Casablanca (Curtiz, 1942) I'm not as big a fan of this movie as it seems most people are, but I still like it a lot. I'm about halfway through the Ebert commentary, which very helpfully explained why Laszlo is able to simply walk around without getting arrested by the Nazis -- he just is; it's a plot contrivance.

The Petrified Forest (Mayo, 1936) Stagy, but engaging. I had to chuckle a bit when Mantee (Bogart) rebukes Squier (Howard) for "Talkin' to an old man like dat!" It sounds like he's scolding a housecat. Also, I tried, but I just couldn't wrap my mind around Betty Davis as a cute 19-year-old.

EDIT: Also, I agree with Eric; Old School was awful. I think Will Farrell is a really funny guy and I hope he gets a good gig soon, and doesn't go the way of David Spade.
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Danny Baldwin
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PostPosted: 09.02.2003 1:50 pm    Post subject: Reply with quote

the night watchman wrote:
EDIT: Also, I agree with Eric; Old School was awful. I think Will Farrell is a really funny guy and I hope he gets a good gig soon, and doesn't go the way of David Spade.


I though Ferrell was hilarious in that movie, and I liked it--it's one of my favorite guilty pleasures of the year. I've seen it twice (which, yes, is enough--I'm not a psychopath, well maybe psychopath, but not that psycho?)

Movie viewing is going to slow down to 2-4 movies a week for me this week, high school starts in exactly 45 minutes.
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the night watchman
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PostPosted: 09.02.2003 3:16 pm    Post subject: Reply with quote

Old School is just not my kind of movie. I 've never liked the "campus comedy," like Porky's or the American Pie movies, and I'm not even all that fond of Animal House (gasp! sacrilege, I know). It's just a matter of personal taste.
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Mark Dujsik
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PostPosted: 09.02.2003 8:18 pm    Post subject: Reply with quote

Am I alone in thinking that Will Ferrell has constantly shown himself to be misguided, unfocused comic actor? He and Molly Shannon are two recent SNL alums whose (albeit limited) success outside of the show escapes my comprehension.
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10 Best Films of 2006



Mark Reviews Movies
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Mark Dujsik
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PostPosted: 09.02.2003 8:48 pm    Post subject: Reply with quote

My views on dramatic art are highly influenced by my education in theatre, so you'd expect that verisimilitude would be a high point on my list of art's purposes as well. The thing is, I have--what I like to consider--fairly eclectic tastes, so I have no real set-in-stone sets of criteria as a measure of value (I'm not saying any of you do either). When we start talking realism, my brain starts on that old Realism vs. Naturalism argument. Miss Julie--that ever-so-natural of Naturalistic plays--is one of my personal favorites. I mean, a group of partyers come in and do bits so that the main characters can go have sex offstage and keep the play in real time. You've got to love it.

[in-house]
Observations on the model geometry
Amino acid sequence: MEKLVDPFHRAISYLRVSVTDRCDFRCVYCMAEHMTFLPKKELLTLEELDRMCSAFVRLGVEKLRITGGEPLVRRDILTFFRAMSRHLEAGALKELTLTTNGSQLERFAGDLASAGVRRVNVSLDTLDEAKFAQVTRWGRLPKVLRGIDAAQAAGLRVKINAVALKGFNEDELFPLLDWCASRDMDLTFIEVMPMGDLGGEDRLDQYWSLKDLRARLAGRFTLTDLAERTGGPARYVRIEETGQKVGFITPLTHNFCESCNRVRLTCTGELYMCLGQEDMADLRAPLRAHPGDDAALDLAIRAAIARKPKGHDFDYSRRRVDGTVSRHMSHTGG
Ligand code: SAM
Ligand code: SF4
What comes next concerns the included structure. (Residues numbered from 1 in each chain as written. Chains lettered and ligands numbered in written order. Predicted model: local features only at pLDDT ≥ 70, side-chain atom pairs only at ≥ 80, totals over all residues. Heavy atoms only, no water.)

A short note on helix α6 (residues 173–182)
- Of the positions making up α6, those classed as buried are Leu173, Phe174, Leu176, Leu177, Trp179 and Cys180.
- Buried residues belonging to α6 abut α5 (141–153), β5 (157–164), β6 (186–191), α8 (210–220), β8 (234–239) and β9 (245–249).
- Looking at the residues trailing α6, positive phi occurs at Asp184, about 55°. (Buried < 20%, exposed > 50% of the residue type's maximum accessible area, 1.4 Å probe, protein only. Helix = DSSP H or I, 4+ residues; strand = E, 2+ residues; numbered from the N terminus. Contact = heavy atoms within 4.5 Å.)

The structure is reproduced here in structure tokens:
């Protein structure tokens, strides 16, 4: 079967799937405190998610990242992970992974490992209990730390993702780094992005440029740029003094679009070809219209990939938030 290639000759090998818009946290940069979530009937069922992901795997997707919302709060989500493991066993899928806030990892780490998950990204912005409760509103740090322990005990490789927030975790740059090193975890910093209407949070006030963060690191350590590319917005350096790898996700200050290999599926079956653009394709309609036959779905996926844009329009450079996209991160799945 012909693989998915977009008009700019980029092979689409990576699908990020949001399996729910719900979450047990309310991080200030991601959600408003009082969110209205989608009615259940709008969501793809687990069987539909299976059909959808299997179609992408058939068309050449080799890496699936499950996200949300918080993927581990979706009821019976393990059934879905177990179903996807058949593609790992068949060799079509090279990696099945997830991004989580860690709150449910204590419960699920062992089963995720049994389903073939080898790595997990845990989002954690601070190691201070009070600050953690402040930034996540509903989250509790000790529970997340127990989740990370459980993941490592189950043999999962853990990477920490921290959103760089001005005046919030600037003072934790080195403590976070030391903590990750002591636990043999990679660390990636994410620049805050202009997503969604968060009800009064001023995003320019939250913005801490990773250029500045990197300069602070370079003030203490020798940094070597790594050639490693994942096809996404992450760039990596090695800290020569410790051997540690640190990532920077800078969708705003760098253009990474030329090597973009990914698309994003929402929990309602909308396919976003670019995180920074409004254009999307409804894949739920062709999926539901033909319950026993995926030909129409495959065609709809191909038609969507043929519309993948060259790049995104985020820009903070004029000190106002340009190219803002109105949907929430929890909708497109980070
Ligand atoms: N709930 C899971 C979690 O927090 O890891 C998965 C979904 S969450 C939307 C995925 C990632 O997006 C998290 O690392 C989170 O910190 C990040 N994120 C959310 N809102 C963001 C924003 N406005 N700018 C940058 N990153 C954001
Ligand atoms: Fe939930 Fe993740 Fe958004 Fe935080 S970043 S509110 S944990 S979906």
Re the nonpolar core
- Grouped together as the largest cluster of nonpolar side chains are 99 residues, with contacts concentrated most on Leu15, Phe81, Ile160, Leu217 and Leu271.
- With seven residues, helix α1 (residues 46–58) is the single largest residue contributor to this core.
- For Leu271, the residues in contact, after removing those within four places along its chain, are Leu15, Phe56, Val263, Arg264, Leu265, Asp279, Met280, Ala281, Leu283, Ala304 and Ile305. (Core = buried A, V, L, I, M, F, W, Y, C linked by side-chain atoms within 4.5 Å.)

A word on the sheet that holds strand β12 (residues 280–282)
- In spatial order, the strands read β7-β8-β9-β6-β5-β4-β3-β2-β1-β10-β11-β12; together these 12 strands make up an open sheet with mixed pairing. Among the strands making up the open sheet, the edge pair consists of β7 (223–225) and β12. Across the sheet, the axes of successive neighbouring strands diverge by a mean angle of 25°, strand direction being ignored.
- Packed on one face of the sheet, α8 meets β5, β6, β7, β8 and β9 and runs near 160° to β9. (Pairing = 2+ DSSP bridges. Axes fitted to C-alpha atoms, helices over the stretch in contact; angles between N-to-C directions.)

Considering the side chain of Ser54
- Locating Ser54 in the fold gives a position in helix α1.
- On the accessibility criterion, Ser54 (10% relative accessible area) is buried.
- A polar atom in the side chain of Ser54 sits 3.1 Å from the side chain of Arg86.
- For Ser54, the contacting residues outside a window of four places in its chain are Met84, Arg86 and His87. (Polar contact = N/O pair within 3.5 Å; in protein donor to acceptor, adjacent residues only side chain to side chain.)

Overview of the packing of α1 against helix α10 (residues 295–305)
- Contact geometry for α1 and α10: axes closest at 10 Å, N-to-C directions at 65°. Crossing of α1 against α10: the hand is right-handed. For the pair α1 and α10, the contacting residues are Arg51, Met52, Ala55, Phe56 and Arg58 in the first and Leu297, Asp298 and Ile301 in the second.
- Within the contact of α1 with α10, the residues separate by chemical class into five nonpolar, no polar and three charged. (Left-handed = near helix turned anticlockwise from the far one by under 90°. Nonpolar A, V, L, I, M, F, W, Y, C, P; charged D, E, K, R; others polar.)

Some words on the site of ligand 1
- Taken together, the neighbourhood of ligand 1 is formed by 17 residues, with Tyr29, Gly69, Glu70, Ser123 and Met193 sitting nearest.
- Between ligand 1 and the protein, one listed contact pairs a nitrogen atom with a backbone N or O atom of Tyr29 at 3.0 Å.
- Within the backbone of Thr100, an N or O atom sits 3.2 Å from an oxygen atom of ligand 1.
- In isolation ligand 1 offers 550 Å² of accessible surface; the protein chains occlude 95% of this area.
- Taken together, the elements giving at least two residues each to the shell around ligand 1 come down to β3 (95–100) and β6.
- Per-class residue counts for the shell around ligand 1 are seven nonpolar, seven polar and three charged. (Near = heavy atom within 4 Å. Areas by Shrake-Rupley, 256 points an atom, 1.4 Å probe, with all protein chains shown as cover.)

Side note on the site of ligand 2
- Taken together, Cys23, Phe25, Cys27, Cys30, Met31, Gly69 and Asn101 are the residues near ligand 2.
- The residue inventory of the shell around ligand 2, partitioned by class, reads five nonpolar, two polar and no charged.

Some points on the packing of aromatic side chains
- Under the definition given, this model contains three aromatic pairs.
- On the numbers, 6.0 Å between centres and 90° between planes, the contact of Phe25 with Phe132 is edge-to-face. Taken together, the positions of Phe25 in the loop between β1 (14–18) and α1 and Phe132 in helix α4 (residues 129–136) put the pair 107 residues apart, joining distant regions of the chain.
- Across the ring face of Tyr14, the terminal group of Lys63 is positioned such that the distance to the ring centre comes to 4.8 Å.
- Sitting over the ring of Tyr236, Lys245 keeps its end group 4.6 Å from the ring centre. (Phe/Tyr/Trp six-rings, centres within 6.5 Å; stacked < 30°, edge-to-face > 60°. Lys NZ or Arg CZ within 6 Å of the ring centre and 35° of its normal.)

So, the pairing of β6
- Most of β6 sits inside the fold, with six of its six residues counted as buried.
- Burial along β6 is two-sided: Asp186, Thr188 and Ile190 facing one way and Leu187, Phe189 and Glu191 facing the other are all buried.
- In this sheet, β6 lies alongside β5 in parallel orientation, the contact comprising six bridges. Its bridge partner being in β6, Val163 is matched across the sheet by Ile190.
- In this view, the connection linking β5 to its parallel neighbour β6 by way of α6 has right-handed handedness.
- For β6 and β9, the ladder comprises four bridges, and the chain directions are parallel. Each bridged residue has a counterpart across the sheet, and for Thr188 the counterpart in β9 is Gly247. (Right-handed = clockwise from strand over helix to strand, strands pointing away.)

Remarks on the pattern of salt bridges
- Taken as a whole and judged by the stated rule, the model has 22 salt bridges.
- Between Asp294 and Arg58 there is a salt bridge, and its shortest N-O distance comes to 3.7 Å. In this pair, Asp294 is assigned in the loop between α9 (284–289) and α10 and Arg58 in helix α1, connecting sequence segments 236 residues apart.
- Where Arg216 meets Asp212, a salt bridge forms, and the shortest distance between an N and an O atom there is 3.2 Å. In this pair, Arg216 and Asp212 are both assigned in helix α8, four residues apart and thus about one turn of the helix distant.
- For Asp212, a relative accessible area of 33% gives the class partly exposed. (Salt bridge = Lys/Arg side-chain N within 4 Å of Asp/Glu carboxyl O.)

Anyway, I have no real argument to convey. I think great art takes lies and makes them true, while bad art takes the truth and turns it into a lie. (Ever since that statement came into my head, I've been wondering if I ripped it off. Why paraphrase when you can quote the real deal?)

I hope you've enjoyed my latest ramblings. If you can make something more of it than the author intended, please let him know so he can take credit.
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Mark Reviews Movies
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the night watchman
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PostPosted: 09.02.2003 8:53 pm    Post subject: Reply with quote

Mark Dujsik wrote:
I think great art takes lies and makes them true, while bad art takes the truth and turns it into a lie. (Ever since that statement came into my head, I've been wondering if I ripped it off. Why paraphrase when you can quote the real deal?)


Ooh, I likey. Very pithy.
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beltmann
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PostPosted: 09.02.2003 10:21 pm    Post subject: Reply with quote

the night watchman wrote:
Old School is just not my kind of movie. I 've never liked the "campus comedy," like Porky's or the American Pie movies, and I'm not even all that fond of Animal House (gasp! sacrilege, I know). It's just a matter of personal taste.


I'm with you. Why can't they make campus comedies that celebrate knowledge, intellectual pursuits, and academic glories rather than ones that celebrate infantile, obnoxious, drunken debauchery? (Tongue only partially in cheek.)

Yeah, I've never been a big fan of Animal House, either--not even when I was in junior high, and that was when I still believed Kentucky Fried Movie was the greatest comedy ever made.

Eric
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Mark Dujsik
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PostPosted: 09.02.2003 11:21 pm    Post subject: Reply with quote

beltmann wrote:
Why can't they make campus comedies that celebrate knowledge, intellectual pursuits, and academic glories rather than ones that celebrate infantile, obnoxious, drunken debauchery? (Tongue only partially in cheek.)


Well, there's Wonder Boys--sort of--and... I think my drunken debauchery is interfering with my memory, 'cause I can't think of any more.